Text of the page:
By Ciara Baird ’17, Special to the Denisonian

I GREW UP in a medium-sized, liberal, hippie town in Colorado at the base of the Rocky Mountains. I was raised by a single mother and learned from her how to be a strong and independent woman. Throughout my childhood, I never experienced bullying and I didn’t truly understand what it was until I entered high school. I always thought bullying happened when the big, mean kid on the playground wanted your swing and took your lunch money.

My sophomore year of high school I discovered first-hand that bullying can come in all different forms, in person and behind a computer or phone screen. The big, mean kid isn’t always the culprit. I learned to deal with what people said to and about me because my mother instilled in me great confidence and a thick shell.

Spending my high school years dealing with bullying was no easy feat and I was certainly ready to graduate and head to Ohio for a fresh start. I spent the first couple of months at Denison homesick, like most other freshmen. Adding a breakup to the mix didn’t make things easier and I spent a lot of time crying missing my mom and my home.

The boys on my floor didn’t know my name. I wasn’t Ciara, but “the girl who cried in people’s rooms”. I figured there were worse reputations to have, but it still hurt that showing my feelings demeaned me to someone’s idea of who they think I am. Besides, living in rural Ohio with people much more affluent than myself was quite the culture shock, but I still enjoyed being in Granville.

As the year wore on, I became less shy and began making friends with the inhabitants of my floor. I didn’t expect everyone to like me; I am not everyone’s cup of tea. This does not mean that I was prepared for the insults I heard.

One day, I was walking down the hall when a boy decided to scream at me that I am a “slut”, “whore” and a “cunt”. I told him and his laughing friends if he needed a word with me then they could talk to me politely without name-calling. After this experience, they would harass me when I walked down the hall by slamming their doors when I passed by or calling me crazy.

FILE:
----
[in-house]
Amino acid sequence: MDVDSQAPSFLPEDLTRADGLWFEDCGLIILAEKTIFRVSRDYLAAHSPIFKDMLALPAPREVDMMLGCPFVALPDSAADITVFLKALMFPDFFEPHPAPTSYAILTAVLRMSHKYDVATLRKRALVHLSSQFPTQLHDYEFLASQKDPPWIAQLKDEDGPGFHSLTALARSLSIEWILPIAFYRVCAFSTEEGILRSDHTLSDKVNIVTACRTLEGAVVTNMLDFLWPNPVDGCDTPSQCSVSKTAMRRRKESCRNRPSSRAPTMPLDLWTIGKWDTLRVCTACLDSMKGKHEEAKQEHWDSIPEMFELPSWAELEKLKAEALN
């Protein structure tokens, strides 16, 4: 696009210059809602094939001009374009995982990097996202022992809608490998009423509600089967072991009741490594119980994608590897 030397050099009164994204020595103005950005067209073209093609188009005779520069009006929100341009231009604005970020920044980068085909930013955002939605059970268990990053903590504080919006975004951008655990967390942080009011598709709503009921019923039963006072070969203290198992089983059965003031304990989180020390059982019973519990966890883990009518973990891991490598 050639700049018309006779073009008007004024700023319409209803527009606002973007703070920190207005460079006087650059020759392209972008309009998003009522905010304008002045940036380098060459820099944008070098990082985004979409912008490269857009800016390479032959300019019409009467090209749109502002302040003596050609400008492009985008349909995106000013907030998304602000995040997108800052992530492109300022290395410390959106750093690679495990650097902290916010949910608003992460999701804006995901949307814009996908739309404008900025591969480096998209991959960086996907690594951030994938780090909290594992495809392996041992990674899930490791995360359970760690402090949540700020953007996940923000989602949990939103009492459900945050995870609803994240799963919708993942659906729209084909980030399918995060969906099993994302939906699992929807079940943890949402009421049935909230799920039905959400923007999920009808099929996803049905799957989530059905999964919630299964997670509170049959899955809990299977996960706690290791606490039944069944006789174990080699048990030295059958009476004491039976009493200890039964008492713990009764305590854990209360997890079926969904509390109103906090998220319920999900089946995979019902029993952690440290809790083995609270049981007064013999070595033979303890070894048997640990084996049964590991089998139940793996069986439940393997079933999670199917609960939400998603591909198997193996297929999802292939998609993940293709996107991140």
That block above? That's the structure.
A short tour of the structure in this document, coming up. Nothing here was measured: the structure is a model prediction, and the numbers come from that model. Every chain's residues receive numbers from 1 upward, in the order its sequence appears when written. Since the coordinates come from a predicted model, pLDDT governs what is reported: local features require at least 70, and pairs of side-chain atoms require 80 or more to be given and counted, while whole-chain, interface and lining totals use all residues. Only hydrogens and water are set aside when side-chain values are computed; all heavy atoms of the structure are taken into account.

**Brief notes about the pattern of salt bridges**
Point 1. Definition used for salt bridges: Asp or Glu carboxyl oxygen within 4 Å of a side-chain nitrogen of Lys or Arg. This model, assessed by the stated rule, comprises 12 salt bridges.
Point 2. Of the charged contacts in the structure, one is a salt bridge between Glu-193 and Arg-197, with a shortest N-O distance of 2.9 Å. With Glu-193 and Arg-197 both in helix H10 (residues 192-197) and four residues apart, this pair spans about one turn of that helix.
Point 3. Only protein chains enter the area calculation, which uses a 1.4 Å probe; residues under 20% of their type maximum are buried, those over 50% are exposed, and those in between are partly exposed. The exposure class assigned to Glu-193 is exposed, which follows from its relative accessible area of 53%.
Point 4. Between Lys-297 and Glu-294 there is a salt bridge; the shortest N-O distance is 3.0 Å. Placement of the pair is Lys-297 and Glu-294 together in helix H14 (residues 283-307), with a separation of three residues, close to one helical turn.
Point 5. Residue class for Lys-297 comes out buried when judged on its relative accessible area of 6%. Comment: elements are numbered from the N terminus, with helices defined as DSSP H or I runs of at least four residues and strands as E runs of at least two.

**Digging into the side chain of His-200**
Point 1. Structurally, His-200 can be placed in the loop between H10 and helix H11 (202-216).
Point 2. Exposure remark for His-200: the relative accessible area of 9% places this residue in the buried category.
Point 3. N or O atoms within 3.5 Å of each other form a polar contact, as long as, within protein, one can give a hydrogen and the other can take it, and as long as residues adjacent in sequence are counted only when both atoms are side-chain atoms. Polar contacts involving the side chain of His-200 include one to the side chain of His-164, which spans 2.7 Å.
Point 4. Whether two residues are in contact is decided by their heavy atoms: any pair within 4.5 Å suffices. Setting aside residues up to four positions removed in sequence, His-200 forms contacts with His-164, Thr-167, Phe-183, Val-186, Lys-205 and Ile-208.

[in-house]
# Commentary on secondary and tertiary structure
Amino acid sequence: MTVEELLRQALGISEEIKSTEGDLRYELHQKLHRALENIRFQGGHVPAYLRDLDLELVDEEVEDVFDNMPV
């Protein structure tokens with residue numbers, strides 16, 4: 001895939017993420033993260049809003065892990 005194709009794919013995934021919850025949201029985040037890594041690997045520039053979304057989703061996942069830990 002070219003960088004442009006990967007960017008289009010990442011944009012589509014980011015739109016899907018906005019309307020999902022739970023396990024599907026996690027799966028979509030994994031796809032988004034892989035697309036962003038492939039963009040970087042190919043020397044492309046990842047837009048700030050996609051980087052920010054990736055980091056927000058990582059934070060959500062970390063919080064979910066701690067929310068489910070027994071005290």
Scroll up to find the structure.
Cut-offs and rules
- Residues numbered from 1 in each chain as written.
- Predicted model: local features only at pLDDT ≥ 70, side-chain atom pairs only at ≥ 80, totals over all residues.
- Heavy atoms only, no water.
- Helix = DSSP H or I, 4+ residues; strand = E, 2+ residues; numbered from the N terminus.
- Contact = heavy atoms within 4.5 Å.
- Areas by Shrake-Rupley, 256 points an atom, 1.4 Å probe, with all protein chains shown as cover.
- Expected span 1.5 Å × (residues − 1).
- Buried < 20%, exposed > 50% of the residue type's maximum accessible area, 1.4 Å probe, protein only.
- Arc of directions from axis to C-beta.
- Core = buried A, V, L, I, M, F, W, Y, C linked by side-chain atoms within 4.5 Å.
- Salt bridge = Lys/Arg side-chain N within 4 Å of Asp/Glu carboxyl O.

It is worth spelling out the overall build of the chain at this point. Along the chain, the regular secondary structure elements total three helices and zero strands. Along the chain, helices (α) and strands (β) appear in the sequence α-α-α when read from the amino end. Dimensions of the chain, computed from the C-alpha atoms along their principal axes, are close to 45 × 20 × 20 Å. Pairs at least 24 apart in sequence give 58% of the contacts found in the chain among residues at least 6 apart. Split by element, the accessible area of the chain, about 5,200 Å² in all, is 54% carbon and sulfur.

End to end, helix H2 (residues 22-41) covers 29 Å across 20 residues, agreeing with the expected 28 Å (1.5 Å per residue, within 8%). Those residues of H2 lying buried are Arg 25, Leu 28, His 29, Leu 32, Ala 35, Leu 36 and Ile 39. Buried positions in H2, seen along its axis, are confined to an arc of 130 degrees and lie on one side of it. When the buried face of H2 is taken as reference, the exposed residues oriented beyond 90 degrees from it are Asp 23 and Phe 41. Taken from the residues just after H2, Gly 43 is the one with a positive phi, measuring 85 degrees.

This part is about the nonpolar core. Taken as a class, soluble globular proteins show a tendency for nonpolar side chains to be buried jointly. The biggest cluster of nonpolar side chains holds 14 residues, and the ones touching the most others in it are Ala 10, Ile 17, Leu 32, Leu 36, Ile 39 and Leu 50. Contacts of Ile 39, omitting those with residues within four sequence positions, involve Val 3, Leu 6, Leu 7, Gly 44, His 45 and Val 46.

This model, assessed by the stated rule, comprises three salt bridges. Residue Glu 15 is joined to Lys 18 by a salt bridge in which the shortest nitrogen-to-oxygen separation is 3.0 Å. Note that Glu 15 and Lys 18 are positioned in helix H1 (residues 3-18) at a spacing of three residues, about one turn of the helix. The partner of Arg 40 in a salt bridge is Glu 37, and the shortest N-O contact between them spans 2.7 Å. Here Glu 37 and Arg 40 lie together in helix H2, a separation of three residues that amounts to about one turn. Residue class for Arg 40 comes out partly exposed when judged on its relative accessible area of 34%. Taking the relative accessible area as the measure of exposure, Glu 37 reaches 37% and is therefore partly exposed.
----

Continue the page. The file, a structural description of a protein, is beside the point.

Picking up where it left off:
Second semester arrived and the first weekend back came with a traumatic event, leading to yet more bullying. When I went out I got shoved by boys who were friends with someone involved in that event. They would also tell me that I was a liar, that I would be expelled and told others to stay away from me.

When I would leave a room, the people inside would immediately begin talking about me and what happened, believing that I couldn’t hear. The final nights before break were some of the worst. Boys would walk past my door, rip pictures off of it and say that “I would go crazy, I would go f***ing nuts.”

I have wonderful friends who have supported me throughout this tough year, but words hurt. I was taught, as Thumper says, “If you don’t have anything nice to say, don’t say anything at all.” I hope that I can shed light on the environment that surrounds Denison and the bullying that occurs in front of others

When you witness someone being bullied, stand up for them and let them know that they are not alone. Only you can choose how you’re going to treat others, each day is a new day to be nice to someone, even if you were mean to them before. As Michael J Fox says, “One’s dignity may be assaulted, vandalized and cruelly mocked, but it can never be taken away unless it is surrendered.”

Ciara Baird is an psychology major, Spanish minor from Fort Collins, Colo.